For all the wild stories (and despite flipping Channel 9 to Alan Bond and back), Packer’s media employees had come to see him as dependable as the Christmas hampers he bought them each year. So, when James Packer sold Channel 9, ACP Magazines and 9MSN to CVC in 2006, just months after his father’s death, journalists started dusting off their stories about “clogs to clogs in three generations” and “selling the family silver”. No sooner had the ink dried on the CVC purchase of PBL’s magazines, online and TV network than the newly-unshackled son embarked on an investment splurge that saw him loading up with casino investments in the UK and US. He was a young man in a hurry. And, sure enough, by 2008, people were writing his business obituary. That year, for the first time in 21 years, the name Packer (shock, horror!) was not at the top of the list of Australia’s richest people. The pundits were variously estimating that the man who had inherited $7bn barely two years before, had already lost $4bn of it, much of it on the kind of foreign investments which Packer Sr had always been wary of.
But, by then, strange things had started happening to the media industry Kerry had left behind. The internet that James Packer had been captivated by (and profited from) as far back as 1996 (when there were few sites and fewer profit makers) had started to weave its magic. And traditional media was beginning to feel the heat. Advertising revenue wobbled, magazine sales plummeted and the TV networks started to leak ad revenue to online . For Channel 9 (many of whose key executives had decamped to the rival Channel 7 during Kerry’s tumultuous final 18 months) it was worse still: Kerry’s channel spectacularly lost its longtime market leadership. And, by 2008, the closure of the 128-year-old The Bulletin seemed to symbolise the changed era for media that had been forecast by Macquarie Bank and others who had advised James Packer’s bold business moves. Significantly, though, he kept hold of the erstwhile PBL investments in pay TV companies, Foxtel and Fox Sports, and online job site Seek. Even at the height of the stable-clearing, the Packer heir kept his eyes on media futures.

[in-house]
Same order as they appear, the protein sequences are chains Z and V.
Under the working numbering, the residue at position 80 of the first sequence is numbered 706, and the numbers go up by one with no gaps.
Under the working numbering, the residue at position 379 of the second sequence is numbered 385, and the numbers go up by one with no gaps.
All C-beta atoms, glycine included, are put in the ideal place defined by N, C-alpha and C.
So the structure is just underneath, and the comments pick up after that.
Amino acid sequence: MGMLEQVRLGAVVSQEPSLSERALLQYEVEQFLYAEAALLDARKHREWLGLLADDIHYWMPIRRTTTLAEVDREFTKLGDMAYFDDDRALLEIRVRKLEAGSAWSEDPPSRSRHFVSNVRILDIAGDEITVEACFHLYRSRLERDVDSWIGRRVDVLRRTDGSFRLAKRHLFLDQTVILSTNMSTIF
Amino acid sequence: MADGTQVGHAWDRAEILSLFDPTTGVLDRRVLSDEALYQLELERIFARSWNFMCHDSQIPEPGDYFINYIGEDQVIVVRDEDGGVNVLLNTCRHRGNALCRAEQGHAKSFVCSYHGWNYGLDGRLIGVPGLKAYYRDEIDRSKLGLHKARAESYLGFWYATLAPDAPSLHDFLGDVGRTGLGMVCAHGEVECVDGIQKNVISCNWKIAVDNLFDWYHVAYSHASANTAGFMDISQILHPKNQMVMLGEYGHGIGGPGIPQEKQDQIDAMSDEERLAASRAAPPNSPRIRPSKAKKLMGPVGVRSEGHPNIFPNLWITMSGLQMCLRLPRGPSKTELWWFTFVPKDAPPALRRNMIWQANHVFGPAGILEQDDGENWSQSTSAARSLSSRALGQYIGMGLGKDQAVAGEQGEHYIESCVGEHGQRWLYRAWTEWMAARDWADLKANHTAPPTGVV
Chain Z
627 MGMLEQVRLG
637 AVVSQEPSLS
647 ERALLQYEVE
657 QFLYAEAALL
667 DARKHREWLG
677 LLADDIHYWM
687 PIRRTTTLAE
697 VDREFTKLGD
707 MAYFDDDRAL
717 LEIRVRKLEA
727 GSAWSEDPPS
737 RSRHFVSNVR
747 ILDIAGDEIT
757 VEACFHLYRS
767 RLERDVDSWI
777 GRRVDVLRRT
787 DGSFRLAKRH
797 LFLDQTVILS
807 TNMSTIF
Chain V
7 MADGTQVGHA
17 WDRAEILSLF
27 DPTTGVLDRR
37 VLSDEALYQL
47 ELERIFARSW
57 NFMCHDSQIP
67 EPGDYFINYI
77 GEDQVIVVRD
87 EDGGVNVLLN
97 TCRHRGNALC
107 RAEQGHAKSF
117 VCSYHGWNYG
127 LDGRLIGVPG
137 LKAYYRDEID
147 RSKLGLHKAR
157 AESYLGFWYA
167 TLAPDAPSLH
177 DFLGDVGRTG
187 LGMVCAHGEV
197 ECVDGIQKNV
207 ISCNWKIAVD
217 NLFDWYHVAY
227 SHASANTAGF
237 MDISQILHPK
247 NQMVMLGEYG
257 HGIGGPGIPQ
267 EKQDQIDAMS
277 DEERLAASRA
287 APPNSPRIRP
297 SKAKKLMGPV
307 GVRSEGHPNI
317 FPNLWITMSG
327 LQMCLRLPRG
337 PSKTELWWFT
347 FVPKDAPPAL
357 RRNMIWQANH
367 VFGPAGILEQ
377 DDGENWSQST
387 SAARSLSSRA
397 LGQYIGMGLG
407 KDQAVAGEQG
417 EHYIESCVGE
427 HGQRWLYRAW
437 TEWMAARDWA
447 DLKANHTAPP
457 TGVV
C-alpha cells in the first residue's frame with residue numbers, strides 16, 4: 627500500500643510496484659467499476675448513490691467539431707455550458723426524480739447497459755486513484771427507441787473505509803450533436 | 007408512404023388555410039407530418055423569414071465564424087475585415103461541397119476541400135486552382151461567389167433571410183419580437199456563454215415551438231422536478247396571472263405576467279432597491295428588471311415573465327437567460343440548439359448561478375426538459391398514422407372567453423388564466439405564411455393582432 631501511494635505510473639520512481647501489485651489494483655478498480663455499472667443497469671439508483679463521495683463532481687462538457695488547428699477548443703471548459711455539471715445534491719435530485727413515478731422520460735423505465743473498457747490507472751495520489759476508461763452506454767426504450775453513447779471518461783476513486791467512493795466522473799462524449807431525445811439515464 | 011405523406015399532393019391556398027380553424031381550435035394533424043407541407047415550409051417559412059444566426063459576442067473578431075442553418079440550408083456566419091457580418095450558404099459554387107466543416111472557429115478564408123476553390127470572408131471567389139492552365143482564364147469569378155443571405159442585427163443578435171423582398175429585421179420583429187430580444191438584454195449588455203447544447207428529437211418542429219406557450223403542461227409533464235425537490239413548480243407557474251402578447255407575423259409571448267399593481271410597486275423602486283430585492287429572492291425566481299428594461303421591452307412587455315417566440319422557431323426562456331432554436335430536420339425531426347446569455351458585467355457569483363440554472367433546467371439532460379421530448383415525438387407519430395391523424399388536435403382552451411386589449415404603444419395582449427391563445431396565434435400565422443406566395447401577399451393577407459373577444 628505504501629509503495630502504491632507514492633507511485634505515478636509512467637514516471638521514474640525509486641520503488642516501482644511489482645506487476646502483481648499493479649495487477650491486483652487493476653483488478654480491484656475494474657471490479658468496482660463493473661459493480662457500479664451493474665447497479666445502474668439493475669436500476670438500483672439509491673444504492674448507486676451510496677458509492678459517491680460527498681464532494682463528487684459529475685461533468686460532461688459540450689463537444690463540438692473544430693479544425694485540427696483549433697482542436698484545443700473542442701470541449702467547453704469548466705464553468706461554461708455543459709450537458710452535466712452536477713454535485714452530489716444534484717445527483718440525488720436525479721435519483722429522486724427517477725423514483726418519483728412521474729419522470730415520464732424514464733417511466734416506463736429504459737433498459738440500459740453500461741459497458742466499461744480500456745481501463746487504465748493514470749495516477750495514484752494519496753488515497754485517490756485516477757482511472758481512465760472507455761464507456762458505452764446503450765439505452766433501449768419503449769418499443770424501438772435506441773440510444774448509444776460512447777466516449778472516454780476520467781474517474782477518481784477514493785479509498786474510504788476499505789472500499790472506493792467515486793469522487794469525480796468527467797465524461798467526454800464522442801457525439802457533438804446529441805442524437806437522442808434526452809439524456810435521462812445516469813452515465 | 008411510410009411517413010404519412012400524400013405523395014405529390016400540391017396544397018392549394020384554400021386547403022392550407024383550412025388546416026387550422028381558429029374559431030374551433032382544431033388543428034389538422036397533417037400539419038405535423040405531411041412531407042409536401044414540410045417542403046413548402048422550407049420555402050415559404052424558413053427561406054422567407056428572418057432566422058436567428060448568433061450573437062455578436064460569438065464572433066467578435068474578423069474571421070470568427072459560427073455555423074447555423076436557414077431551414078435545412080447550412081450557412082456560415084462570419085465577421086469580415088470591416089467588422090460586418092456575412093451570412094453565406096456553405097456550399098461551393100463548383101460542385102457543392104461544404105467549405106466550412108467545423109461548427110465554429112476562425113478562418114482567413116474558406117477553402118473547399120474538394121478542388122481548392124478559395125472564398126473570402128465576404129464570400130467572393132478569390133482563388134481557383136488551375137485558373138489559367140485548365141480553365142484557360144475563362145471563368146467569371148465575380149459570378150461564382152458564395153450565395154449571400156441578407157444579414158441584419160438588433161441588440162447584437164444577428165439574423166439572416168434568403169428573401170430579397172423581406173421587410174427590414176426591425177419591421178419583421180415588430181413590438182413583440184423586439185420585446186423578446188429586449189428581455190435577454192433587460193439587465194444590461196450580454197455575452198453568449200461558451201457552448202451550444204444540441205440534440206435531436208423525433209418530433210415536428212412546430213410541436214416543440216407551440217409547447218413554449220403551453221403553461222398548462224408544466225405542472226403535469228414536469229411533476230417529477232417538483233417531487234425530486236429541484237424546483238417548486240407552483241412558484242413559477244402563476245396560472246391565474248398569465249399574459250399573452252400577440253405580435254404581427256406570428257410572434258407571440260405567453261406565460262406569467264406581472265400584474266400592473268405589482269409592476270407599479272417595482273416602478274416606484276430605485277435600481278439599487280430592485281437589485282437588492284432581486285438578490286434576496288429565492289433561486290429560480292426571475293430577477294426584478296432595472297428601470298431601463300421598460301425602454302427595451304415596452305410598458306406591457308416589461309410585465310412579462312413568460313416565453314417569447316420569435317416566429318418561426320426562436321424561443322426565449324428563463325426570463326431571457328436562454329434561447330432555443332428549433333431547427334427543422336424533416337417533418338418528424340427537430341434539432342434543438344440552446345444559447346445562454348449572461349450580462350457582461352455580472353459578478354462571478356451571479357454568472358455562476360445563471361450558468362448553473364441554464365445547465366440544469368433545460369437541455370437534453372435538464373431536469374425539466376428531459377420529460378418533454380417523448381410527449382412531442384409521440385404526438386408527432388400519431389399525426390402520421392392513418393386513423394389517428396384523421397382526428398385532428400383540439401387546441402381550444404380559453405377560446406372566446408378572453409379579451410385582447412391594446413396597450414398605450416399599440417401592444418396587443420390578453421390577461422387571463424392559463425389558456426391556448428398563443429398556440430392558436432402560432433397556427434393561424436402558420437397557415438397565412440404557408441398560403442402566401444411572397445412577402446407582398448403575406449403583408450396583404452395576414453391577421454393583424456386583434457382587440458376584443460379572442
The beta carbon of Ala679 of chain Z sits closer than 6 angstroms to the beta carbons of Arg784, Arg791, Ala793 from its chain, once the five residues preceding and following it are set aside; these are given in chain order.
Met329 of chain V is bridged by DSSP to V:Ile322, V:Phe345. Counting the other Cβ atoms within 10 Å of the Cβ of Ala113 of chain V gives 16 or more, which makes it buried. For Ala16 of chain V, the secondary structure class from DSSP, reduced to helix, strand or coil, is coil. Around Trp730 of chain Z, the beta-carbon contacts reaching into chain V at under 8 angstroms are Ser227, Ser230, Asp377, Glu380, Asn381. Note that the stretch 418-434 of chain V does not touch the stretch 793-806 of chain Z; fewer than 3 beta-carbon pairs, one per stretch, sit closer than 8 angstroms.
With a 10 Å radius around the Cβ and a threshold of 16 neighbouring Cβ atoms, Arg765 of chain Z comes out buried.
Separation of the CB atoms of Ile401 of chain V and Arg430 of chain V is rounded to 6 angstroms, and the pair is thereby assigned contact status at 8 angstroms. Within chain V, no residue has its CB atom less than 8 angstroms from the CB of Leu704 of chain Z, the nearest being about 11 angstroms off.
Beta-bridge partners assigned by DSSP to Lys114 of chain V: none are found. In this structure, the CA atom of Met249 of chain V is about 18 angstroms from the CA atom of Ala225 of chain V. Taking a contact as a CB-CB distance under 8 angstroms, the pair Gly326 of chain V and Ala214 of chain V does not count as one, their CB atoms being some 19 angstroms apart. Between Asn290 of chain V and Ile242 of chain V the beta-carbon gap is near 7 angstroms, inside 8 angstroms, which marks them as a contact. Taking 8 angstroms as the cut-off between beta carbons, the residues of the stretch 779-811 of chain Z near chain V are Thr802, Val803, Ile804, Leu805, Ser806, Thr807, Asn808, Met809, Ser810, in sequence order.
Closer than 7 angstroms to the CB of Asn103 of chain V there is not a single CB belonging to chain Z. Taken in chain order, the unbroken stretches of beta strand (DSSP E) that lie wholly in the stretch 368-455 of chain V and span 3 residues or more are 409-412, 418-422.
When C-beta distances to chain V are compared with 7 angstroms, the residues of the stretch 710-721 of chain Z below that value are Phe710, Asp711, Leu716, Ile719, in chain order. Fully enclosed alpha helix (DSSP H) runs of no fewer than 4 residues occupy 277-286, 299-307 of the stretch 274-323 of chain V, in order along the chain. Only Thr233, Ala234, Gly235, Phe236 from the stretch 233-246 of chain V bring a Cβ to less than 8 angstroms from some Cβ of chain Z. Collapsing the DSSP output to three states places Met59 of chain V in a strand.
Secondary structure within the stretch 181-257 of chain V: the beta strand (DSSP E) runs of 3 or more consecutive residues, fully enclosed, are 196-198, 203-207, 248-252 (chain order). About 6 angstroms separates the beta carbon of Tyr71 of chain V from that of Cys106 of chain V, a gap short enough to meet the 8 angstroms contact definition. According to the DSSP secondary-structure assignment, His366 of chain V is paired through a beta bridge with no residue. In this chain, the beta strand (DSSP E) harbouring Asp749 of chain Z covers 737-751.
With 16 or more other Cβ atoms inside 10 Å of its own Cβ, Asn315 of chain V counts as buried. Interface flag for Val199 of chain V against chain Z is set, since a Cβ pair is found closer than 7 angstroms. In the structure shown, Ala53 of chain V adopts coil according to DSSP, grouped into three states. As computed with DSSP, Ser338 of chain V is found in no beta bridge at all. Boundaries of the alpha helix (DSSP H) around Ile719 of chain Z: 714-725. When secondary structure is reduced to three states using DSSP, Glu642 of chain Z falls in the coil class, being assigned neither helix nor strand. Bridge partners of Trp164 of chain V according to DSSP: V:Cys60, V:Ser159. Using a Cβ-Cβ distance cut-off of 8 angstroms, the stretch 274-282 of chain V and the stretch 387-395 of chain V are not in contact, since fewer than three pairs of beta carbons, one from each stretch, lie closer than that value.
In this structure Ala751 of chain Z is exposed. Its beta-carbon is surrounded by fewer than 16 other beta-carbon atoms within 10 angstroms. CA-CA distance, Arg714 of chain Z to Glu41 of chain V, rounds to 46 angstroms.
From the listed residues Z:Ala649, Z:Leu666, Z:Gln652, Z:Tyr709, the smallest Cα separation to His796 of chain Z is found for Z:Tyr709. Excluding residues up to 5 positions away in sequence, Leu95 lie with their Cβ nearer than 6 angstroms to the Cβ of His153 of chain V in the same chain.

But his next three years was ecstasy followed by agony. The CVC coup was followed by the pain of new fast-paced casino investments that themselves proved to be hugely over-priced as the world dived into banking crisis. And he had his own corporate near-death experience over commitments to acquire American casino businesses. But, by the time he had paid his way out of some potentially ruinous deals in the US, divested his father’s farming interests and some of his own trophy assets, James Packer was able to relax and watch the just-starting seismic shakes in traditional media.
Cashing up ahead of a crisis was a trick he had learned from his father who (along with his friend Jimmy Goldsmith) had famously anticipated the 1987 stock market crash. For a time, though, James wore the anxiety of his potentially dire situation but acted swiftly to stabilise his finances. Then, slowly but surely, his joint venture casino in Macau started to coin it after a spluttering start and his Australian gaming venues were roaring ahead. It gave him a breathing space to watch the investors from Europe wrestling with the media market problems he had gleefully sold them.
CVC’s $5.5bn deal for the PBL media businesses was the stuff of legend. It had been marked by cock-a-hoop private equity executives publicly enjoying the limelight in media-obsessed Australia. The cocky Brit who sealed the deal could not believe his luck: he was a media baron and such a close friend of Australia’s most famous man. But, soon enough, the mood changed as everyone realised the declining business was worth nowhere near what CVC had paid for it. The bankers moved back from the social pages to the business ones – and wished they had never claimed the credit for out-negotiating a Packer.
PBL Media (which was renamed Nine Entertainment Company in 2010) has become a private equity basket case. The magazine and TV profits are fractional (just enough to cover the interest charges). Channel Nine has to be content with the No.2 position in an under-pressure market it had long dominated; and ACP Magazines’ profits were down almost 20% last year. CVC has already been forced to inject more cash in order to prevent a default and, now four years after the original purchase, they are faced by needing to reschedule some $2.6bn of debt – or face losing their entire investment as the business is snatched by the lending banks which will then scramble to get back as much as possible of their $2.6bn. That now seems the unavoidable fate. CVC has effectively already lost all its $1.9m equity. It’s just a matter of time before it loses control as well.
Like traditional media everywhere, much of the old PBL Media group will survive the CVC debacle, but it will be a smaller, less illustrious business – unless it is used effectively as a platform for major new media. But, unlike many of the media winners in the next decade, the CVC-owned business has been unable to invest for the future during times when it has been scrambling to pay the bills. Although, there are some smaller assets CVC can sell to raise cash (and it has cashed in most of these) the still-strong Channel 9 and the increasingly weak ACP Magazines are bound together by the 9MSN partnership which owns rights to their content and promotion. Packer’s far-sighted deal with Microsoft is now effectively a poison pill for CVC.